The art of debate suffers serious setback.

The debates are over.  Thank goodness.  That was like putting four unruly little boys in the same playpen.  It was an opportunity for them to be nasty.

It really is too bad that Gilles Duceppe of the Bloc Quebecois is not as good a communicator in English as he is in French.  In the English debate, he went right for Harper’s jugular vein like a pit bull smelling lunch.  The only problem was that Harper could ignore him.  Harper hardly feels he has to make nice with a francophone separatist.

In fact, Harper ignored everybody.  With his warm and heavy makeup job and so perfectly coifed hair, he looked like he was afraid to move.  What left us cold about his style was that he never looked at anybody.   On Tuesday, he particularly ignored the moderator Steve Paikin—who let the English-language session get out of control.

Harper took whatever time he wanted. Ignatieff and Layton actually indicated to Paikin—practically raising their hand as though they wanted to go to the washroom.  Harper butted in whenever he wanted to.  Duceppe spoiled his presentation by getting red and angry with Harper.

The disappointment in the debate was the one guy who actually should have had the most debating experience at the university level.  Michael Ignatieff was over-prepped for the event.  His advisors should have left him alone.  It was obvious that they had fed him too many sound bites—which he finally garbled—and stopped him from listening to what others were saying.  While Harper could hardly care what they said, Ignatieff needed to win the damn debate.

He did not.

If we had renamed the show “Three and a half men,” Jack Layton was the half.  He was the earnest little boy allowed to play with the big kids. He appeared to be standing there throughout the debate looking admiringly at Harper.  Why he chose Ignatieff’s support for our troops in Afghanistan and attendance in the House of Commons as subjects on which to attack Ignatieff, we can hardly guess.  Ignatieff is the party leader and leader of the opposition.  He is in the House when he has to be but he has a lot of other work to do.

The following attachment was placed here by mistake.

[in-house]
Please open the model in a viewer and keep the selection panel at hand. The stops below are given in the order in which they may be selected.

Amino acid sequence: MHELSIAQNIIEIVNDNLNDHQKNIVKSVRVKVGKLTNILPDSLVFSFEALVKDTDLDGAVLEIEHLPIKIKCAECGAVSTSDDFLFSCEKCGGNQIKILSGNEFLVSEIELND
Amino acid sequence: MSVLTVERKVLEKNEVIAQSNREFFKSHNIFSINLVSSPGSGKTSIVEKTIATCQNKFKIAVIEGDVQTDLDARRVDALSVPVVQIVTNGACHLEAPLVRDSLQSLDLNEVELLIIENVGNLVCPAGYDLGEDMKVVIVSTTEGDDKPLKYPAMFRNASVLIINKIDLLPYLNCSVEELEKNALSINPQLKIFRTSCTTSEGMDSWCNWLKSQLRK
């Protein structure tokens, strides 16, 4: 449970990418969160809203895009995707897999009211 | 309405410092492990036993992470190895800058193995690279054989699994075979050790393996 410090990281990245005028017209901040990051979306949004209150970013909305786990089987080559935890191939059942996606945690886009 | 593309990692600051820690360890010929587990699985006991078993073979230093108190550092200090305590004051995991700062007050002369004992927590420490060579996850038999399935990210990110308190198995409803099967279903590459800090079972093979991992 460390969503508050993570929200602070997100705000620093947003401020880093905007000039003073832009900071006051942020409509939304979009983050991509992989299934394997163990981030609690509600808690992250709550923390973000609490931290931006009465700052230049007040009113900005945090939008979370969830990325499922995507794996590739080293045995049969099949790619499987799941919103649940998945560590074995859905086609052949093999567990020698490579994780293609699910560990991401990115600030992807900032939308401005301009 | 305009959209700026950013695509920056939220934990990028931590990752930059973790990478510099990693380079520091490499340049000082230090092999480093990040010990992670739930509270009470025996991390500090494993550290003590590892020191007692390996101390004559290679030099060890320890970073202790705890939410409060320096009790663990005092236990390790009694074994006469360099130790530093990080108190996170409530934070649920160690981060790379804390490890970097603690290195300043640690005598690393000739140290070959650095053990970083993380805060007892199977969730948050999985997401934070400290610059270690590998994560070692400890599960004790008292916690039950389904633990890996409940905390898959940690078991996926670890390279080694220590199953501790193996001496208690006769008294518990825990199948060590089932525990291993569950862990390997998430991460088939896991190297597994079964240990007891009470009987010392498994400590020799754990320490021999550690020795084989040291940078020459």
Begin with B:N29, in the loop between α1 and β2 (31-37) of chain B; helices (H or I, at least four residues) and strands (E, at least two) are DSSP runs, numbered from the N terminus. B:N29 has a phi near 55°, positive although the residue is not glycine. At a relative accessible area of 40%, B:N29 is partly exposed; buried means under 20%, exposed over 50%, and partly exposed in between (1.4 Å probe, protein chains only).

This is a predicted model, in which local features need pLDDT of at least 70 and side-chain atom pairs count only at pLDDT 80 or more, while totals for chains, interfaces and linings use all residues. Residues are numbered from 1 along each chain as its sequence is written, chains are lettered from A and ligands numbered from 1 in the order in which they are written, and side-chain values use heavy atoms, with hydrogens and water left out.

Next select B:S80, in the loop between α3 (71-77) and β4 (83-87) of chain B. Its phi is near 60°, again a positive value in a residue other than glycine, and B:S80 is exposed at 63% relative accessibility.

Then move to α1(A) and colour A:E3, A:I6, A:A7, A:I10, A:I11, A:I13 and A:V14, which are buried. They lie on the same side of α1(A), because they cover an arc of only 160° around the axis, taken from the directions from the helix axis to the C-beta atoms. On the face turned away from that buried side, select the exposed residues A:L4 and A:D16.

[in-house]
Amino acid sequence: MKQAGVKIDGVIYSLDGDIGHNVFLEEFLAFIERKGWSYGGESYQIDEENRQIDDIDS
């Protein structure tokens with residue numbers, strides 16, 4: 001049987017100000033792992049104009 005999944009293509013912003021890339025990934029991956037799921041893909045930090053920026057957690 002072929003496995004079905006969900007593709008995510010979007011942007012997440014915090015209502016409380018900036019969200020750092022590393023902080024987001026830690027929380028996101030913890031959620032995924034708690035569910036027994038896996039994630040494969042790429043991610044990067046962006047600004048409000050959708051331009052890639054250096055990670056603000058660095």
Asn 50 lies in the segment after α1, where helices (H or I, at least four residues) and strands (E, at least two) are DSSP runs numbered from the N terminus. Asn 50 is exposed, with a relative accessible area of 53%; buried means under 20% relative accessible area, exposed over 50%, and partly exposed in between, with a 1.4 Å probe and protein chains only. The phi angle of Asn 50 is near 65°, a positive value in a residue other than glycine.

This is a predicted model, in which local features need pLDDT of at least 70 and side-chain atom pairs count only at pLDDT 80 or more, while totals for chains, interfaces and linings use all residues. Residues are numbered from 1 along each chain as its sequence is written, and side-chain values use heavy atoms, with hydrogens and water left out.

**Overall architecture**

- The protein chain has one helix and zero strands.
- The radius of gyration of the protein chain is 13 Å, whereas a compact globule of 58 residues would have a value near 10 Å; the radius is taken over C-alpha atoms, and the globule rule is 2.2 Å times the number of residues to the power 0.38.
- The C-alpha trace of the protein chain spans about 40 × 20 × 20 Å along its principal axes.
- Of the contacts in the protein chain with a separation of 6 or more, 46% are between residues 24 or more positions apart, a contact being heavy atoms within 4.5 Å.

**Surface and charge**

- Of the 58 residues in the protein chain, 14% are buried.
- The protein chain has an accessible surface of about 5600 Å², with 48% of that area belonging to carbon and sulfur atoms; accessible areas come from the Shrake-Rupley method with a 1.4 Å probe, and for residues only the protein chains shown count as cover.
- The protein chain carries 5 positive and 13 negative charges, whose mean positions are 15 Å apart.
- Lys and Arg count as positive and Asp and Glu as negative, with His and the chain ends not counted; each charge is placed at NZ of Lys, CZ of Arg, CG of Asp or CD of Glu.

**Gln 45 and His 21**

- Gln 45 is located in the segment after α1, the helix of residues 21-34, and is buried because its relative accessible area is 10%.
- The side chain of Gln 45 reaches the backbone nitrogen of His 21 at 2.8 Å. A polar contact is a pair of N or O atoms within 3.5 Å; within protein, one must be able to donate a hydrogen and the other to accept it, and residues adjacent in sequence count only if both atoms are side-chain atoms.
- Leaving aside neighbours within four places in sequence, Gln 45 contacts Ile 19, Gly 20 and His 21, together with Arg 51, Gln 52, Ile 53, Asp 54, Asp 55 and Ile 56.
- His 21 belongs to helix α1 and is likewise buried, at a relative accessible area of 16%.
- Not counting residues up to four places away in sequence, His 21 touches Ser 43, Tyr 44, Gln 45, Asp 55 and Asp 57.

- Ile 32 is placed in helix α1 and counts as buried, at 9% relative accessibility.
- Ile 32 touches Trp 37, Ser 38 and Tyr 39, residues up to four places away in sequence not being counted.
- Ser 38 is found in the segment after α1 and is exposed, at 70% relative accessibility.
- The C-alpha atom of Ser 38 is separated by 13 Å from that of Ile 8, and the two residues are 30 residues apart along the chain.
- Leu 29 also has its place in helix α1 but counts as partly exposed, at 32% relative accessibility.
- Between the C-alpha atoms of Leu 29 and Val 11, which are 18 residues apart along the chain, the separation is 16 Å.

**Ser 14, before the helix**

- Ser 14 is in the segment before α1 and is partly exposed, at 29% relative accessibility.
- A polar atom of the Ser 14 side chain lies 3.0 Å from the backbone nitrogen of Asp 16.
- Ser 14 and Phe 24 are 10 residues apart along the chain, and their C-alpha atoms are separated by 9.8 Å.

Harper tried to make something of the fact that he is now the longest serving minority Prime Minister since Mr. Pearson was Prime Minister from 1963 to 1968.  The difference is that Canadians liked Mr. Pearson and he accomplished a great deal during his time as Prime Minister.

Harper also reminded us of our blog about stump speaking.  The only difference is that Harper, as a speaker, is the stump.  The man has no passion nor feelings nor emotion.  Poor Laureen Harper!

After the two debates, the only conclusion is that Canadians need to take Stephen Harper to the woodshed.  He needs to understand that going way off topic to avoid answering questions does not always work.

The rest of them need to learn that a debate is not a bickering session.

The only humour in the entire two hours of English was when Gilles Duceppe had Jack Layton squirming, trying to get out of appearing to support the notorious Quebec language law (Bill 101).

The silliest question was from an obvious Conservative supporter in a small town in British Columbia about safety on the streets.  (Do they have a street there?)  Harper enjoyed the question.  Once again, we heard how he is tough on crime and easy on guns.

By the end of that first two hours, the leaders were tired, nobody had won anything and the audience was saying, “We missed regular programs for this?”  A sad result.

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